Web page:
Located inside the Royal College of Surgeons of England, the Hunterian Museum is home to numerous intriguing and abnormal anatomic specimens. Once among them were the remains of Charles Byrne, better known as the “Irish Giant.” However, the museum decided at the beginning of 2023 to honor his previously ignored final wishes and remove his sizeable skeleton from public display.
Although his exact date of birth is unknown, Byrne is believed to have been born in 1761 under the name Charles O’Brien. As with his birthday, there is little known about his childhood years. It’s said, however, that neither of his parents were tall and that his height came from being conceived on top of a haystack. He was raised near Littlebridge, Ireland but decided to travel – first to Scotland and then to England – to make a living.
He earned fame when he reached London in 1782 and began entertaining others with acts centered on his height, running shows multiple times a day, six days a week. According to news reports from the time, Byrne drew significant attention from the public who were immensely curious about him and his body. It’s no wonder, as by the time he was fully grown he reached over seven and a half feet tall.
Later investigation revealed that it was an undiagnosed tumor on his pituitary gland that caused his gigantism. Sadly, this was also the primary cause of Byrne’s early death. Only a year or so after arriving in London at the age of 21 his health rapidly declined. This, combined with an incident in a local pub that saw all of his worldly earnings stolen, ultimately led to his death on June 1, 1783 at only 22 years old.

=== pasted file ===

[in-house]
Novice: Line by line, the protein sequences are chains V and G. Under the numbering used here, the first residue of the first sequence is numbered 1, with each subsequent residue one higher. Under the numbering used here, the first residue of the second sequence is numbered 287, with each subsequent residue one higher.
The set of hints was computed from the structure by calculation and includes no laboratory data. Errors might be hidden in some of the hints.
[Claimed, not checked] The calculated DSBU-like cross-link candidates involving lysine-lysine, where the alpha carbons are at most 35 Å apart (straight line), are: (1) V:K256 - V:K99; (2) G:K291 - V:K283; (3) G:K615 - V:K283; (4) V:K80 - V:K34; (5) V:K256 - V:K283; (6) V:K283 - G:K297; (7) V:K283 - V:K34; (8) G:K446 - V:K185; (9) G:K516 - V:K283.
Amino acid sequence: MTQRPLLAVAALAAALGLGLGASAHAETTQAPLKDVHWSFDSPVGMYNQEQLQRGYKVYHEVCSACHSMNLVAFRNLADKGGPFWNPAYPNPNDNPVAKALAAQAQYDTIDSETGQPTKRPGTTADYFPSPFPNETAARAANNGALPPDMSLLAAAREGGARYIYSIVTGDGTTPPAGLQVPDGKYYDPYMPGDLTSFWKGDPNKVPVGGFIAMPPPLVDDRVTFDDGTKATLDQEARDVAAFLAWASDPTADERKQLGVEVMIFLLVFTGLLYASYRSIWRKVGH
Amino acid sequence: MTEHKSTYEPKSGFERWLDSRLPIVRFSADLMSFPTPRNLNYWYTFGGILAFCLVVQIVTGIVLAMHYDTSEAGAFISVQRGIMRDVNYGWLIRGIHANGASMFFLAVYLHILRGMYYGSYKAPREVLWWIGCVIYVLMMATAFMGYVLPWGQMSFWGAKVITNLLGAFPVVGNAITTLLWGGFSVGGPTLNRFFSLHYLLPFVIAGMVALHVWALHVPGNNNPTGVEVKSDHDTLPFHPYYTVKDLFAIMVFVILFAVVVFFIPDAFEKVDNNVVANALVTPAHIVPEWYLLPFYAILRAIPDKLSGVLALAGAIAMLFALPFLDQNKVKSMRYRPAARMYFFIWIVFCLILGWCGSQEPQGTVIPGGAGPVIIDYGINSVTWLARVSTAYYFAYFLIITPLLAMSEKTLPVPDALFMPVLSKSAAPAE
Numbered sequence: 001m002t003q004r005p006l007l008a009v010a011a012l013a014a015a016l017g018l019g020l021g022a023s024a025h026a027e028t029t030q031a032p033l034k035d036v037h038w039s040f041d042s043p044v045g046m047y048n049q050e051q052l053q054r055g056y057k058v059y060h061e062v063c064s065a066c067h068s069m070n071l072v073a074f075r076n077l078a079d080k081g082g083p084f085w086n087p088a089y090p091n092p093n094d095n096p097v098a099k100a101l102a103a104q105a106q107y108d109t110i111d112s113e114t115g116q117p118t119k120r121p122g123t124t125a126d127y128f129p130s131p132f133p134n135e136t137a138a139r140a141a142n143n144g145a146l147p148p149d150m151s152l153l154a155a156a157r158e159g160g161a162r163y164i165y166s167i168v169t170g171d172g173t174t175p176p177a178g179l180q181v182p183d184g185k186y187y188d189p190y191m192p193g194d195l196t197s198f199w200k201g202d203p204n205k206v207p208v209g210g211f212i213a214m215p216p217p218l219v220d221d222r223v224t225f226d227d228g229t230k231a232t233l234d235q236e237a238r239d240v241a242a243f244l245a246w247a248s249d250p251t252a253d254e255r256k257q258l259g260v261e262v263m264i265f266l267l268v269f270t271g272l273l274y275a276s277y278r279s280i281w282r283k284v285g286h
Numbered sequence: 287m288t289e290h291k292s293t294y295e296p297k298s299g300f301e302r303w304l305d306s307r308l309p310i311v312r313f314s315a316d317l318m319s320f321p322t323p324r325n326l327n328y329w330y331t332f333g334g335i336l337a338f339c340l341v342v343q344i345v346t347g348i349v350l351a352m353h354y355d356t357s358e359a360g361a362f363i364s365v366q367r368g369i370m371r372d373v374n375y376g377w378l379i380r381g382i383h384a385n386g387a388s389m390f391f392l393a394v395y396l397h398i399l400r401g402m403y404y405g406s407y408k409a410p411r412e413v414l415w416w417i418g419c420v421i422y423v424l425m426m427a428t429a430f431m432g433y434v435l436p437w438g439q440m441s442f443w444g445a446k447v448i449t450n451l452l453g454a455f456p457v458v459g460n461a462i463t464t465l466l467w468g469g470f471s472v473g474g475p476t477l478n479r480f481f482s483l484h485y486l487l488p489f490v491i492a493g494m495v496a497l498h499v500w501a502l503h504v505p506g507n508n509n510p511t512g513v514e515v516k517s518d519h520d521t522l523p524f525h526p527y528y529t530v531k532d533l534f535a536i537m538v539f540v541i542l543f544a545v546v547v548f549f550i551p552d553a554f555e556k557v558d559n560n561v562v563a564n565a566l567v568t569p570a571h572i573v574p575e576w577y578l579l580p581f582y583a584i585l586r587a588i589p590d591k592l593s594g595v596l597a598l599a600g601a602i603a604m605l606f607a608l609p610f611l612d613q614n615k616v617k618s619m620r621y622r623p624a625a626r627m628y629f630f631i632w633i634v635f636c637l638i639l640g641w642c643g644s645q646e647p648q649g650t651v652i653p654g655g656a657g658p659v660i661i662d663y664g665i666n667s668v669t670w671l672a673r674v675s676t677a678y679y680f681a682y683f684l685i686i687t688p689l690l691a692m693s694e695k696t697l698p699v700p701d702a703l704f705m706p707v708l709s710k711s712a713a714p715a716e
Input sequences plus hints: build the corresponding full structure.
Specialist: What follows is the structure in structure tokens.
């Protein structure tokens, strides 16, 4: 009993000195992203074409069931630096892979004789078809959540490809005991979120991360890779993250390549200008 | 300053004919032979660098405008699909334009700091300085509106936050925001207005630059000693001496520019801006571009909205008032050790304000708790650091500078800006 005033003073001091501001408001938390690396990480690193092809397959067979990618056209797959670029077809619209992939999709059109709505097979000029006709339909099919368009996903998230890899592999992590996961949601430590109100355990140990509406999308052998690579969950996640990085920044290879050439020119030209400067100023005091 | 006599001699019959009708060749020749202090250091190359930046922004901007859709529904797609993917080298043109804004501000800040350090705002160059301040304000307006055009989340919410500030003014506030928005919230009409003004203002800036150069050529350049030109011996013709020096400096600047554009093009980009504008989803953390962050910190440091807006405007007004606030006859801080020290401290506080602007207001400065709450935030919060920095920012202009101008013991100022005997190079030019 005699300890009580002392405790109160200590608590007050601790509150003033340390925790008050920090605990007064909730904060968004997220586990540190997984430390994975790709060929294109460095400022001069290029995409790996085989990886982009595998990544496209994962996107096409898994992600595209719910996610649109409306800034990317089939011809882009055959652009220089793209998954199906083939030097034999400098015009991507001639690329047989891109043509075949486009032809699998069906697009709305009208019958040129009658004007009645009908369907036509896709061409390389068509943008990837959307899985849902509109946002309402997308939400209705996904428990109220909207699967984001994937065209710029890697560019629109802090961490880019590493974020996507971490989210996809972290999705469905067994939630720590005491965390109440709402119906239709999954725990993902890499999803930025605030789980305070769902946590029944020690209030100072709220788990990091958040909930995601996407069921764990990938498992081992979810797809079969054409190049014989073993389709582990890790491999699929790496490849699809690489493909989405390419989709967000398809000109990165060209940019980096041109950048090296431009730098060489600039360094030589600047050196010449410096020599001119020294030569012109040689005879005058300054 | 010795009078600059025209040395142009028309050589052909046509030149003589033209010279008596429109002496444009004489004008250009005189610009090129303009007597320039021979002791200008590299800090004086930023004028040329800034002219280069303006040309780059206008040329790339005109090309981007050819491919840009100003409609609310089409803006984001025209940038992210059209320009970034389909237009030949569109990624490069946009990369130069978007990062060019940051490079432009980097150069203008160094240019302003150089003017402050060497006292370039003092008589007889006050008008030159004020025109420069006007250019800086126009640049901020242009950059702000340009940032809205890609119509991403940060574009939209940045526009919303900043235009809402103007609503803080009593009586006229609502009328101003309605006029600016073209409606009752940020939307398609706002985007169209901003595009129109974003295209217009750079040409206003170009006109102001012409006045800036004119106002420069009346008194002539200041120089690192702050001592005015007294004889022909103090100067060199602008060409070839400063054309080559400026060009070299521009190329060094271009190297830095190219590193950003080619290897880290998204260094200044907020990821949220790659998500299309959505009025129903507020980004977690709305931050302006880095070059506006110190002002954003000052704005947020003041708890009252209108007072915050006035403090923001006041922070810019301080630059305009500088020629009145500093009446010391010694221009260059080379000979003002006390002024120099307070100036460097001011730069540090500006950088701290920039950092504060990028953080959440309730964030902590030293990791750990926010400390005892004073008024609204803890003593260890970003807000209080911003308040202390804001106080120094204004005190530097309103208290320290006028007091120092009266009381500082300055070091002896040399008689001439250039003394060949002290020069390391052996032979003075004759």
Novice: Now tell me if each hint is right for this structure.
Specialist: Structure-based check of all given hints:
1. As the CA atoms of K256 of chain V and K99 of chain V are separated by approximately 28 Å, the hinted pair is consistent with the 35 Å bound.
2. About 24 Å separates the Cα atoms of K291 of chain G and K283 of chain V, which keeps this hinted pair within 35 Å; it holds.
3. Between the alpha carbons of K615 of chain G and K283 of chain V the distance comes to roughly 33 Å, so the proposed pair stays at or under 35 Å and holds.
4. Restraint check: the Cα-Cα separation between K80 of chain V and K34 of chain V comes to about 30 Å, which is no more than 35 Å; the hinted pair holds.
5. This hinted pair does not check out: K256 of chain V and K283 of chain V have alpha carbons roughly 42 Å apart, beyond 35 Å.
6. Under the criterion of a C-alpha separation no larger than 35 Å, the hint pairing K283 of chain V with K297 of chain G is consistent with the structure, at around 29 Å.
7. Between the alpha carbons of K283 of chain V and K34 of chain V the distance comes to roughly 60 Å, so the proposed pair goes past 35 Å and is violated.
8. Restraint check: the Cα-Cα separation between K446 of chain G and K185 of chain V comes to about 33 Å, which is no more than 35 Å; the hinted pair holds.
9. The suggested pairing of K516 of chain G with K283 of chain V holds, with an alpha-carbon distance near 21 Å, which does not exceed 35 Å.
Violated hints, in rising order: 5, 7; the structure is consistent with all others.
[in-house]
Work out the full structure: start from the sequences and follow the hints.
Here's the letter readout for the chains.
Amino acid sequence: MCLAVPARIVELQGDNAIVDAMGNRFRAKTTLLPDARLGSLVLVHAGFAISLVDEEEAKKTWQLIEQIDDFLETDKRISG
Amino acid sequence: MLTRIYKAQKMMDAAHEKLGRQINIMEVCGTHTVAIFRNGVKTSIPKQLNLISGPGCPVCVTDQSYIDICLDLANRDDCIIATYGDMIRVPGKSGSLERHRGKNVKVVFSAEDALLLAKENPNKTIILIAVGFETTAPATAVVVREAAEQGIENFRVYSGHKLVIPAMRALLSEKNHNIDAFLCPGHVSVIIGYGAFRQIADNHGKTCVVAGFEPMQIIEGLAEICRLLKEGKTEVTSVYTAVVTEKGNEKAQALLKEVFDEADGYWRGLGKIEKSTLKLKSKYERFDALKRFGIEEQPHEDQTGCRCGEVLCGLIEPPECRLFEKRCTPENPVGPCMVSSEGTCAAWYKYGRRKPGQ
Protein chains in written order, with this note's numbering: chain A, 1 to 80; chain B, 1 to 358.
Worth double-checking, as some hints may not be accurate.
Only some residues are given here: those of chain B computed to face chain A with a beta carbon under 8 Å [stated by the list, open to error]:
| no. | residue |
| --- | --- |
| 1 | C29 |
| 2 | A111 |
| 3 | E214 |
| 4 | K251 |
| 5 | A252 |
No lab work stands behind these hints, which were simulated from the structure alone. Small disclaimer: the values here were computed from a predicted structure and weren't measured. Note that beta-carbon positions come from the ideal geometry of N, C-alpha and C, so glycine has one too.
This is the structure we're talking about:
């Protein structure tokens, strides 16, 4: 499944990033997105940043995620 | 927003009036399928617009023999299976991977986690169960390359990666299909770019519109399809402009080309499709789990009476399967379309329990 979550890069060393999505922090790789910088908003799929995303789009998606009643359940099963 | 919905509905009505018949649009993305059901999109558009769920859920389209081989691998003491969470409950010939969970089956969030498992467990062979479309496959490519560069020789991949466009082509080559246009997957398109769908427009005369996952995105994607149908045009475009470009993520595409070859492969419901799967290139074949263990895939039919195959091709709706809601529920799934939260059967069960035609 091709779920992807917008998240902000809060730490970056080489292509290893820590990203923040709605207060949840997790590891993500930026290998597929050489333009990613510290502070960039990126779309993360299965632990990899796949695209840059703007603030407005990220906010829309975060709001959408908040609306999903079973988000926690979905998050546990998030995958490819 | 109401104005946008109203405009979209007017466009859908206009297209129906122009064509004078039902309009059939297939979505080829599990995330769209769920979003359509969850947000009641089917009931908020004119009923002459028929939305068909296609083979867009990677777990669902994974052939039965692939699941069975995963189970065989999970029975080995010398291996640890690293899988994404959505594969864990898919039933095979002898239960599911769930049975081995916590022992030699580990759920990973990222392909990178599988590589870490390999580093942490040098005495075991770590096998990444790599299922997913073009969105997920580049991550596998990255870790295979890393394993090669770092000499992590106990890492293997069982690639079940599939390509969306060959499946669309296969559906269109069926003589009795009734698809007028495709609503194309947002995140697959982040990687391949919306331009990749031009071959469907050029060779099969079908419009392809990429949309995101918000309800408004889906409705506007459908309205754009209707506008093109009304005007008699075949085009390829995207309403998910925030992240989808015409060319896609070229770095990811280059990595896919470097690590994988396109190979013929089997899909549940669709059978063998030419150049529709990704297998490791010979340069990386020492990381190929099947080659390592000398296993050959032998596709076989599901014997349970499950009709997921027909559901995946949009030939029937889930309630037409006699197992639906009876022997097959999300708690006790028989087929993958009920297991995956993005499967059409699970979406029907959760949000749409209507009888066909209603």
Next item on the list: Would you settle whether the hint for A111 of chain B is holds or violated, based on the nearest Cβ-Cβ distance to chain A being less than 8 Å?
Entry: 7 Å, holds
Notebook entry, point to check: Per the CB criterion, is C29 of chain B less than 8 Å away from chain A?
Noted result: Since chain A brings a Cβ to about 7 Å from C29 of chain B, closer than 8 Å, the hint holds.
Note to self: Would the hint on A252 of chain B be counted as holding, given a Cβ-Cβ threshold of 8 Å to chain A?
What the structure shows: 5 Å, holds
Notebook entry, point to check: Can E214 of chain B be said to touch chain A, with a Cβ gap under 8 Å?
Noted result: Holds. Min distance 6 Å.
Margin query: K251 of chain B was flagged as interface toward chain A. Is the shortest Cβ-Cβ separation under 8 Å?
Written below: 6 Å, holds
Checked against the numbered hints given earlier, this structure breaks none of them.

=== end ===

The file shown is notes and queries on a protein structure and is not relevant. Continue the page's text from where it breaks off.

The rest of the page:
Shortly before this, the anatomist and collector John Hunter reached out to Byrne with hopes of obtaining his body after he finally passed away from his worsening health. Byrne was vehemently against the idea, as he did not want to be dissected or displayed. In order to prevent it, he created a plan with his closest friends to ensure that he’d be buried first in a lead coffin and then at sea.
Housed at the Hunterian Museum
Despite Byrne’s best efforts, Hunter was still able to get his hands on the body by paying off the same so-called friends who were supposed to bury him at sea. Byrne’s body was moved to Hunter’s home, which housed the rest of the collection. It was then dissected and displayed alongside the rest of the collection, which would go on to form the basis for the Hunterian Museum in London.
In recent years, the decision to display Byrne in the museum has been questioned by many, given that it went against his explicit last wishes. According to one of the directors, Dawn Kemp, “What happened historically and what Hunter did was wrong. How do you redress some of these historical wrongs? The first step is to take Byrne’s skeleton off display.”
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Yet they won’t be honoring his wishes entirely, keeping the skeleton in case it could help humankind through further research. Regardless, the “Irish Giant” is no longer on public display as a curiosity.